Should I Invest in My Friend's Business?
Have you ever had a friend approach you about investing in a start-up business that he’s involved in…and he’s really excited about? You’ve heard the speech… “I’m not at liberty to divulge any details, but the idea is brilliant and it can’t miss!”
Well, first of all, how do you know it can’t miss? Because of all the strong feelings of the friend that just told you so?
Well business success is never the result of one single good idea. Those actually are a dime a dozen. Business success is about good ideas…plus strategy, plus execution, plus management, plus a little bit of luck which never hurts.
So, here are a few things to think about before you invest a dime in a start-up business:
Are you an investor or simply self-employed? It’s one thing to invest in your own business and quite another to be an investor. If you invest in your own business, then you’re self-employed. And this is the business which pays you a salary and from which you make your day to day living. Investing in your business, or being self-employed, certainly carries a level of risk, but typically not the same risk as investing in someone else’s business (or their idea for a business).
If you’re, for example, a plumber, and you’re going to have to buy equipment with which to ply your trade. But if you know what you’re doing, and you’ve got a few customers, then it’s unlikely that any investment that you’re going to make is going to be flushed down the toilet (Yeah, I’m sorry, I had to do that).
On the other hand, investing in someone else’s start-up business or idea is something in which you have very little knowledge or really any control. Your risk is likely far higher.
What’s the track record? Is the key person (or people) responsible for the success of the potential business experienced in start-ups, or is this their first time? It’s possible to have a great idea and a lousy business. I’d rather see a boring idea run as an excellent business.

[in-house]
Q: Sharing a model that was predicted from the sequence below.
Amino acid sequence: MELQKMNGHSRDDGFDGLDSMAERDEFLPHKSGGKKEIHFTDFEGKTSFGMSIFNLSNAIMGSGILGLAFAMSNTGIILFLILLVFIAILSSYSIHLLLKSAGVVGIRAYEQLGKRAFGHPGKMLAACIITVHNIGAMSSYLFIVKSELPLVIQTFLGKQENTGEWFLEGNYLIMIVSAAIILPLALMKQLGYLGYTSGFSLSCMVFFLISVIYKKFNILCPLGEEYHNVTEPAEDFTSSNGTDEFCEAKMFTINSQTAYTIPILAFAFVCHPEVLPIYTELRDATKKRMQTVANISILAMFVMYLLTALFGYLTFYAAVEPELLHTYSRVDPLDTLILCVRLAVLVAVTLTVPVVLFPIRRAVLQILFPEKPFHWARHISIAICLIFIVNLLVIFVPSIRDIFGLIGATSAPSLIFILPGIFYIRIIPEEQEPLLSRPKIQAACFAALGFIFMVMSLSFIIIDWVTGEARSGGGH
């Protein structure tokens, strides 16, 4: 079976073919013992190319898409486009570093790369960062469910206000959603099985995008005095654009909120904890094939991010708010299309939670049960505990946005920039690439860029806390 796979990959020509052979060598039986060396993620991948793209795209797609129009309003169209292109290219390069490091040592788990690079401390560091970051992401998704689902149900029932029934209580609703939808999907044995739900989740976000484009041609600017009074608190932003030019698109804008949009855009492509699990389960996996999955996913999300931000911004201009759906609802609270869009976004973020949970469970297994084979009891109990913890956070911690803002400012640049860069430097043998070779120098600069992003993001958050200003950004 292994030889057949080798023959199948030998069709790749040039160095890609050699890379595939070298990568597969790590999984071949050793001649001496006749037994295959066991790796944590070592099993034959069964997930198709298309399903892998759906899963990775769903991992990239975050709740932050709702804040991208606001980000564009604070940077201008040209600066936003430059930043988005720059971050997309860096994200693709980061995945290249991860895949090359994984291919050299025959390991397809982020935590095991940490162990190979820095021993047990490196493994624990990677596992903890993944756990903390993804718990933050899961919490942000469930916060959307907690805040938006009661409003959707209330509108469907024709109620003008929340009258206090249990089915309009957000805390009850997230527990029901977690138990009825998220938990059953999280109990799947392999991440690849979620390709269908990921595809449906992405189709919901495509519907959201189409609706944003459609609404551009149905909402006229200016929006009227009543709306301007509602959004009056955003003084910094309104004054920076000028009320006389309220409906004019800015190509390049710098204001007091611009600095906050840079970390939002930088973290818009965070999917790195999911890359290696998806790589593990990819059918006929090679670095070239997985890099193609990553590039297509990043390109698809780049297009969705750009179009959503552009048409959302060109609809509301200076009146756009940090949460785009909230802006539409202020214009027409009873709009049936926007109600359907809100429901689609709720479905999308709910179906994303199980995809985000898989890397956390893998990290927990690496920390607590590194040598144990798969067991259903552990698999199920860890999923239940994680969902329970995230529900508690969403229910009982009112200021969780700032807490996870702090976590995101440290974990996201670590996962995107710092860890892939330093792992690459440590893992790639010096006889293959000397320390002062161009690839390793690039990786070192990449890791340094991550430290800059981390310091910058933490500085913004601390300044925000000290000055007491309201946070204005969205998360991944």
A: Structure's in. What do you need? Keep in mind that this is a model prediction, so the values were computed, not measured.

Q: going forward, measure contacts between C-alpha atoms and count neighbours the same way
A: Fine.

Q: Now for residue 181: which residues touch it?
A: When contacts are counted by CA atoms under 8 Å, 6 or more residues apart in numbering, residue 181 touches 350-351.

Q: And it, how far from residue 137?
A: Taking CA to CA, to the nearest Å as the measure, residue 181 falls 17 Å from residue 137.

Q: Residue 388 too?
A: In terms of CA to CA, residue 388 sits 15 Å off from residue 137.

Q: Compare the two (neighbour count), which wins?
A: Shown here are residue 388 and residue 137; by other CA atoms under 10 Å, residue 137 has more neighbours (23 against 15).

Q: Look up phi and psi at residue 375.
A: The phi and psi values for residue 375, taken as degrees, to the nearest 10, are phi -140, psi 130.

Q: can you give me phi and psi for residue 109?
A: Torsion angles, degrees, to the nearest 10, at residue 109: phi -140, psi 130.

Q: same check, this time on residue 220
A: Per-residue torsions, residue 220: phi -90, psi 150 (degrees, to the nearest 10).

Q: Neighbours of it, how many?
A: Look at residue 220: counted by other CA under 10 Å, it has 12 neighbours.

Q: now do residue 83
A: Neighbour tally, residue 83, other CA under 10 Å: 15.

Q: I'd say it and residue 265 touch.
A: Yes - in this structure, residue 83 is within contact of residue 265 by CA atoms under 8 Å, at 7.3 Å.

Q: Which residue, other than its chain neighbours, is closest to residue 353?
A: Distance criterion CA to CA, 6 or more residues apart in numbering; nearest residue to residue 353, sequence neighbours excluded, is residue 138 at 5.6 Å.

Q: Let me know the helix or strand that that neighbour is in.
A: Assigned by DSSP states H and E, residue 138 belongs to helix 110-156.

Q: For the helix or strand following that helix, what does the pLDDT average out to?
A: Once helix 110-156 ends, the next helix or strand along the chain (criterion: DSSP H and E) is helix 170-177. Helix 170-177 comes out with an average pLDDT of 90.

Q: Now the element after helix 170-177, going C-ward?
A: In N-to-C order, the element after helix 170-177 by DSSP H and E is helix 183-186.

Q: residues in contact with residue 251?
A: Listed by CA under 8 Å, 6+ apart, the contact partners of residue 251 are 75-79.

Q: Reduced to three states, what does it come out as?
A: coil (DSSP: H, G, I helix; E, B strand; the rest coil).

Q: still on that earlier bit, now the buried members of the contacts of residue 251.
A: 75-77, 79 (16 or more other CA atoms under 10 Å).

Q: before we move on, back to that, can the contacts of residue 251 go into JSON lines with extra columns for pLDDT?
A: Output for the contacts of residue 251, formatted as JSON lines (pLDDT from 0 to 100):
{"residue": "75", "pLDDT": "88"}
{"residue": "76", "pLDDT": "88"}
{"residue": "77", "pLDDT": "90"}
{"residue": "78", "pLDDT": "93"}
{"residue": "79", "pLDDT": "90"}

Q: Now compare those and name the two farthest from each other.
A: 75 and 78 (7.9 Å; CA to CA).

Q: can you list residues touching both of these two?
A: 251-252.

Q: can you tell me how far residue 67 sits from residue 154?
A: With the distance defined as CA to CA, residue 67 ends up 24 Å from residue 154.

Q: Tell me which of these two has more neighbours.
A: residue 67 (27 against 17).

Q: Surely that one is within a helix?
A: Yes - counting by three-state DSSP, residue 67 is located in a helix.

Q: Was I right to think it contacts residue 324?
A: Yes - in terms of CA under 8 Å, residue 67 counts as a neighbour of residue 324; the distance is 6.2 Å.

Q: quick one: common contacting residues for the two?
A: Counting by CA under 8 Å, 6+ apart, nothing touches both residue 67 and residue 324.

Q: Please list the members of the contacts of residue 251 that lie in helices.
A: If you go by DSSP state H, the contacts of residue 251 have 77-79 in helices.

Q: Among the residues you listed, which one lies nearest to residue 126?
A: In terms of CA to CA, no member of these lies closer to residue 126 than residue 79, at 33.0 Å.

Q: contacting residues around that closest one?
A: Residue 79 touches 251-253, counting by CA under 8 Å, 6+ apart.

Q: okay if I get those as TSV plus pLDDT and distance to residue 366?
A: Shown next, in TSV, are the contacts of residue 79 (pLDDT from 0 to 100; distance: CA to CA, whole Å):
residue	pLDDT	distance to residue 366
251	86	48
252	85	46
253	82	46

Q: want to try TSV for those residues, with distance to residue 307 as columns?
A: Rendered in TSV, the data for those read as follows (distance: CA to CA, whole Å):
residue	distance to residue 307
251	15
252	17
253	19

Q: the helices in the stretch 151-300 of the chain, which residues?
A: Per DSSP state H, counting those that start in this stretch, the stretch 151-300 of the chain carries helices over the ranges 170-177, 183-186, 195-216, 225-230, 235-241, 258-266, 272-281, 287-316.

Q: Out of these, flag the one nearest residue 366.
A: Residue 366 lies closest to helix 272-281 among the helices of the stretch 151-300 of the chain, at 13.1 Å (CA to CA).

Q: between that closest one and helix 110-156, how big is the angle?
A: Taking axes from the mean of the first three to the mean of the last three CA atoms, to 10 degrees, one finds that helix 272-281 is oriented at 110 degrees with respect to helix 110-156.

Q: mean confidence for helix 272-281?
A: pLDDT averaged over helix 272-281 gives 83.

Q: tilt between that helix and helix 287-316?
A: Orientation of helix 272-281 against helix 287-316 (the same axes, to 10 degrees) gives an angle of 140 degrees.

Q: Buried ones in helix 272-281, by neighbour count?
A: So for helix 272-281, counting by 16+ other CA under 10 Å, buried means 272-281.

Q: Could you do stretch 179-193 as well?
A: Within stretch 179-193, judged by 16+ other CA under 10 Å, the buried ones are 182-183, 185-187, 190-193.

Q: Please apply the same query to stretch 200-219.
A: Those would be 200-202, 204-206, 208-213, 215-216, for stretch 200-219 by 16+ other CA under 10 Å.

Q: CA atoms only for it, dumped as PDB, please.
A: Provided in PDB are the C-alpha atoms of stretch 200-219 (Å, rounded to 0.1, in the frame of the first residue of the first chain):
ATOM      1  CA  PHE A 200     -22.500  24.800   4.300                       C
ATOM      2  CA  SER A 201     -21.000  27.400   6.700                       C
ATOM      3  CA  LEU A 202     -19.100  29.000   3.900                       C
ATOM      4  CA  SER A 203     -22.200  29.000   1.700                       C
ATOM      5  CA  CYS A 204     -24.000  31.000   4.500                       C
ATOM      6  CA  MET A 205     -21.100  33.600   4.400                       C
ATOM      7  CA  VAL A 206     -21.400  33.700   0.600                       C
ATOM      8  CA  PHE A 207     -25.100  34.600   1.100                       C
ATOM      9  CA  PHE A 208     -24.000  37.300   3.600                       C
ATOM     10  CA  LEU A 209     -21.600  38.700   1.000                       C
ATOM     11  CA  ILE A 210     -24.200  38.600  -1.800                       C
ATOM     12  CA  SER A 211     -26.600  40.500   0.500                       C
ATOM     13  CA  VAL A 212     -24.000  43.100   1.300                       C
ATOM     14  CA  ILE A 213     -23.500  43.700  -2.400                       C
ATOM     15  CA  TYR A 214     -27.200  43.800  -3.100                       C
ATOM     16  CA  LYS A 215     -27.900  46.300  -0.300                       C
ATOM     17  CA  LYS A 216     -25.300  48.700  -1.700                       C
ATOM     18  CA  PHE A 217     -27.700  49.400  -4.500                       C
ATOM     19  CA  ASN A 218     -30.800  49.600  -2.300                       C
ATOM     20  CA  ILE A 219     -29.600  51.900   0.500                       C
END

Who else is doing this? Do you know others who are investors in this business? Does anyone in this deal have a track record of investing in successful start-ups? If so, ask that person how many times their investments have turned out well, how many times have they ended up worthless. Because the next thing to consider is…
Are you willing to lose all your money? Now, that’s not exactly the positive thinking that most people want to hear at the front end of an exciting new venture, but it’s a question every investor has to ask. No one wants to lose a dime, but if you lost 100% of the money that you invest, would it change your life?
Is your friendship worth it? Now, this is directly connected to the “lose all your money” question I just stated. Soured business deals can ruin friendships, especially when it comes time to spreading around the blame for the failure. Are you willing to take the risk with this friendship? Can it survive the loss?
Now, what about business forms? The so called LLC (or the limited liability company) is the most common form offering some protections against getting sued. You’ll want to visit with your attorney about things like that.
And also another consideration is investing say your IRA money in a start-up which is probably not really even an option unless you find a very cooperative IRA trustee that would help you set up something called a self-directed IRA. And that’s not exactly cheap.
So, really I’m less concerned about the way that you make this investment (like in an LLC or in an IRA) than why.
For sure, don’t invest a dime you can’t afford to lose.
Because sometimes a ground floor opportunity can be a grave.
Offering you Wisdom on Wealth, I’m Byron Moore.
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